Stay up front: A terrified dog huddled in the back of the run or a cat crouched in its litter box will not be noticed by the public. When volunteers or staff members spend time socializing and assuring the scared pets, their whole demeanor can soften and make them more desirable.

Creative use of space: Oyster Bay Shelter has a huge lobby. They were able to add a few cat condos to the lobby and still had enough room for a dance floor. These cats are the first pet you see entering the building. Babylon’s lobby is smaller but it has become the cat ante room. Everyone, even canine customers, meets the cats and kittens as soon as they walk in.

Less is more: In 2010 the ASPCA did a study to determine if limiting the number of cats shown at one time would increase adoptions with the hypothesis- “Shelters are so often bursting with cats that it is possible that people who come through the shelter doors with every intention of adopting might find the sheer number of available cats overwhelming and they go home empty-handed.”

The ASPCA study was conducted at a Colorado shelter. Visibility was reduced by 40% without reducing the number of cats housed. Colorful wrap covered these cages. Results showed more than twice the number of people who came in the door to look at cats actually walked out the door with new cats.

Without knowing about this strategy, Babylon Shelter used the technique Saturday during an adoption open house. Some of the newly neutered kittens were held in the back, and brought to a cage in the lobby as soon as others were adopted. Having more adoptable cats “waiting in the wings” may help them get adopted faster.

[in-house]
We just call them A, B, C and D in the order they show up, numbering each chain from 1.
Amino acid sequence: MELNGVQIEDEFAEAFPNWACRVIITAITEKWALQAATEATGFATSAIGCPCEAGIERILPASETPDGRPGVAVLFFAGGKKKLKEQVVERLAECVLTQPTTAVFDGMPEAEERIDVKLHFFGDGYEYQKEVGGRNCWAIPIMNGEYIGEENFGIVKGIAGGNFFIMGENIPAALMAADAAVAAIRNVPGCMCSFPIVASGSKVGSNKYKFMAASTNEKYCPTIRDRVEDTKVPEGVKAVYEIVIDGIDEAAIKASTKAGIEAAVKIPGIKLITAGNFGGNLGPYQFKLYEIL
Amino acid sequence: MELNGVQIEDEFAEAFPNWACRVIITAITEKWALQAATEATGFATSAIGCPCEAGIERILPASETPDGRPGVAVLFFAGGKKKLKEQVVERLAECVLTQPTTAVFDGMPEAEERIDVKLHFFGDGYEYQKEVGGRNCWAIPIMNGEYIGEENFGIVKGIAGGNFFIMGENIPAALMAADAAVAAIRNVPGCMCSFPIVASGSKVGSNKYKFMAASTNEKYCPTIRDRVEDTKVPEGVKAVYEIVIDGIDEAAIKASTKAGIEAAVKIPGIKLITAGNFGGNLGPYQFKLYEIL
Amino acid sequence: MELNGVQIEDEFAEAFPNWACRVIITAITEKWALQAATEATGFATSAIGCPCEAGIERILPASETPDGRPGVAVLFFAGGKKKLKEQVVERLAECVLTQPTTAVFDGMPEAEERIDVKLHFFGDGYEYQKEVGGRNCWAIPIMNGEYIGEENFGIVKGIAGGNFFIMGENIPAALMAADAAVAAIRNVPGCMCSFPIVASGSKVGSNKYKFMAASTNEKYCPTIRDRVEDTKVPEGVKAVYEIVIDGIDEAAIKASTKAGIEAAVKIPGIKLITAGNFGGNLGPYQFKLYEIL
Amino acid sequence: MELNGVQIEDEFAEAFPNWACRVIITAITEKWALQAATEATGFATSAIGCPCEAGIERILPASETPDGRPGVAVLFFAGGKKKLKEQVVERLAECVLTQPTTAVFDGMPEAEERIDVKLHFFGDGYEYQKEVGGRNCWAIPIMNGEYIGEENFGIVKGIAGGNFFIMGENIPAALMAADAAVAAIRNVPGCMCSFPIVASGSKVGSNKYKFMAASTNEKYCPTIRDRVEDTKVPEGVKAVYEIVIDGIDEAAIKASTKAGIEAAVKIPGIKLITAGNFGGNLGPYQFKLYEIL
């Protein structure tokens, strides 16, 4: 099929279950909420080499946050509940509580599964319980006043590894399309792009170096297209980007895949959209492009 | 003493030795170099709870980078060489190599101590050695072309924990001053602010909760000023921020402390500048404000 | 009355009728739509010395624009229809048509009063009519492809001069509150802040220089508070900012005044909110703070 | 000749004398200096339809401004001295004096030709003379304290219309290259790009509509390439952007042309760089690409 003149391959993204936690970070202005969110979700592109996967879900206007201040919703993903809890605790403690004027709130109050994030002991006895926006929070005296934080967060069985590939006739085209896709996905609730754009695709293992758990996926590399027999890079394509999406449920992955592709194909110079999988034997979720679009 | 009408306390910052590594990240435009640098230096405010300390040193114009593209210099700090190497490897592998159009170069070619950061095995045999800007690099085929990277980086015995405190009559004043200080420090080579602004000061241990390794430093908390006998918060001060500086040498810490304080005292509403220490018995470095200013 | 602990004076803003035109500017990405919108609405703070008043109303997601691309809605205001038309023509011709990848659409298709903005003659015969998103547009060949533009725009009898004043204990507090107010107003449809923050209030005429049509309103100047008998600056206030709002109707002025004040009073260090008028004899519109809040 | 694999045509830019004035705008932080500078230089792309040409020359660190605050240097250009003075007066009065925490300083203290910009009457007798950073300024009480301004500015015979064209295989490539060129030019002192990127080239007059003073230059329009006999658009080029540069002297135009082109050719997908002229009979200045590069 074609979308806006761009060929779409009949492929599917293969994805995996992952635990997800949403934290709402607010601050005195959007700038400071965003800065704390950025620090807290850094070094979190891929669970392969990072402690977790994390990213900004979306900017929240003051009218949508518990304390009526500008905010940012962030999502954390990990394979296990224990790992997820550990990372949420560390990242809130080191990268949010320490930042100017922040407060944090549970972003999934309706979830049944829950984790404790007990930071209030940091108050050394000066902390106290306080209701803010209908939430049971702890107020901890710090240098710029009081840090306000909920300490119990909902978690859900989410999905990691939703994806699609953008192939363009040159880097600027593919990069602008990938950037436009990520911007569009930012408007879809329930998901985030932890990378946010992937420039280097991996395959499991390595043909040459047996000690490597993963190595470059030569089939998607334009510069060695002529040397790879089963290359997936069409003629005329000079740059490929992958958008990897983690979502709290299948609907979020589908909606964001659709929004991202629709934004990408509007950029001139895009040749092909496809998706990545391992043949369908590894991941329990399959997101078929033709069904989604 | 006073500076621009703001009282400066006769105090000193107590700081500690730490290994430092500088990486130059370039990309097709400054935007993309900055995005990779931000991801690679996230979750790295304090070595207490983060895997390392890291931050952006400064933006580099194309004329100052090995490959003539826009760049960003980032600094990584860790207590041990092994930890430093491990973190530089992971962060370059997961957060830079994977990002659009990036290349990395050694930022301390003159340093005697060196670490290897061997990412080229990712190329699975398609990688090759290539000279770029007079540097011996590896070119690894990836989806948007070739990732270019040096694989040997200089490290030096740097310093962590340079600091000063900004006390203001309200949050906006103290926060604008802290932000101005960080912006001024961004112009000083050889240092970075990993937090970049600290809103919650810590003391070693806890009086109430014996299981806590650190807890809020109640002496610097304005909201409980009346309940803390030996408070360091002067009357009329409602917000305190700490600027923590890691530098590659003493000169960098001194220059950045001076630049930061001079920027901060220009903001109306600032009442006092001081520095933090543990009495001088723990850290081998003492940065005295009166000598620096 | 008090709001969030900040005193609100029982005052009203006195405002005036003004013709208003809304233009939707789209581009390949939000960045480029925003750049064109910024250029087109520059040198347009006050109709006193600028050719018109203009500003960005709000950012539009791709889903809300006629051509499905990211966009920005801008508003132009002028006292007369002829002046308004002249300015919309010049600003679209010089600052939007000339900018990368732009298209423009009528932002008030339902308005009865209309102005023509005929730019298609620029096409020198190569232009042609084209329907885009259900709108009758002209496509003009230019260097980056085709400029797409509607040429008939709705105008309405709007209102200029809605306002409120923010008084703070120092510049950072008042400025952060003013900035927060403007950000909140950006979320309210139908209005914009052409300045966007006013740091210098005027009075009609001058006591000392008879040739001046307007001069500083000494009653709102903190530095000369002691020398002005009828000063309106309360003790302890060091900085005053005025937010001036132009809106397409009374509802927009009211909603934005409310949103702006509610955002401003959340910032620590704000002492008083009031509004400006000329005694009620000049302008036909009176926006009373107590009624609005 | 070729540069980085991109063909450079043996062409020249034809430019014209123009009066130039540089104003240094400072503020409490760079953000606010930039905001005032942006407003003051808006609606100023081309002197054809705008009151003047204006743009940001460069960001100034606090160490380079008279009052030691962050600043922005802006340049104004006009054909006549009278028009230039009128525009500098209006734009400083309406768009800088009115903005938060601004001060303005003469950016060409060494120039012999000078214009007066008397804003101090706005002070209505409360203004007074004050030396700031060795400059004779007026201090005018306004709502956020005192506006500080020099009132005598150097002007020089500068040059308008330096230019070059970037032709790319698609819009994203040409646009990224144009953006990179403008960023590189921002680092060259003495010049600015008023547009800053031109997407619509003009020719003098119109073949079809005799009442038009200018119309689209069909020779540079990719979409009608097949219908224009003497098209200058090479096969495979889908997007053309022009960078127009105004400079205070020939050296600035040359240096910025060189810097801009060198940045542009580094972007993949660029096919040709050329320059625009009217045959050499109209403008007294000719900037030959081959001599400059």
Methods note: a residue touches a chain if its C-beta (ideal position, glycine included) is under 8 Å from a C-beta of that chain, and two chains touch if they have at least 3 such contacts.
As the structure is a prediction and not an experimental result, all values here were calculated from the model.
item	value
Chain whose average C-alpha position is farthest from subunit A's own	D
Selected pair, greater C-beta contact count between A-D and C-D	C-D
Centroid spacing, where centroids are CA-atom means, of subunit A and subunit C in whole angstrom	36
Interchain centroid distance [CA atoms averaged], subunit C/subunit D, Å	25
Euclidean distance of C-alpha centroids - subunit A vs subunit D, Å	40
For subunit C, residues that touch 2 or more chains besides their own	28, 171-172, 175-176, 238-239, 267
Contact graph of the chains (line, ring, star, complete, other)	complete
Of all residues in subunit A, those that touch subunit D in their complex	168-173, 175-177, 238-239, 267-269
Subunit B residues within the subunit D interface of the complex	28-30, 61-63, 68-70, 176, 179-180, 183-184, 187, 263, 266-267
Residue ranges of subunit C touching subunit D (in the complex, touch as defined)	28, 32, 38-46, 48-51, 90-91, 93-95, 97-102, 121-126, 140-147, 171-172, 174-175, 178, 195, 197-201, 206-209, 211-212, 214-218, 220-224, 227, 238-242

I fear the same factor may be at work when people walk through kennels packed with frustrated, jumping Pit Bulls that have been waiting a long time. You see so many so they all blur in your mind. That’s why the “shoe store” approach may be help. Show visitors Pit pictures, and then bring the dog out to the people to meet.

Location, location, location: Cats in eye-level cages tend to be seen faster than those on the top or bottom row. Retail stores like Petco and PetSmart partner with rescues, and never sell dogs or cats. They provide satellite adoption centers inside the store at no cost to their designated rescue. These cats move into homes faster if the adoption area is located in a portion of the store seen by every shopper.

Off-site adoption events are an excellent way to bring homeless pets to the public. We began bringing Babylon Shelter dogs and cats to the summer Craft Fair at Town Hall in the early 1980s. Shelter Link volunteers take Babylon dogs to many events now. Street fairs are a great way for dogs in “Adopt Me” vests to meet new people too. Adoption events at non-pet venues are so innovative. My favorite was at Palanker Chevy in W. Babylon. One person adopted a Babylon dog and purchased a Corvette the same day.

Poster Kitties at Babylon Shelter (631-643-9270) Lamar St. W. Babylon: Both are about 10 weeks old, already spay/ neutered, vaccinated, vet checked, wormed and microchipped. “Honey” 6-233 is in the refillable lobby cage, while “Rusty Staub” 6-255 is part of a gorgeous long-haired litter.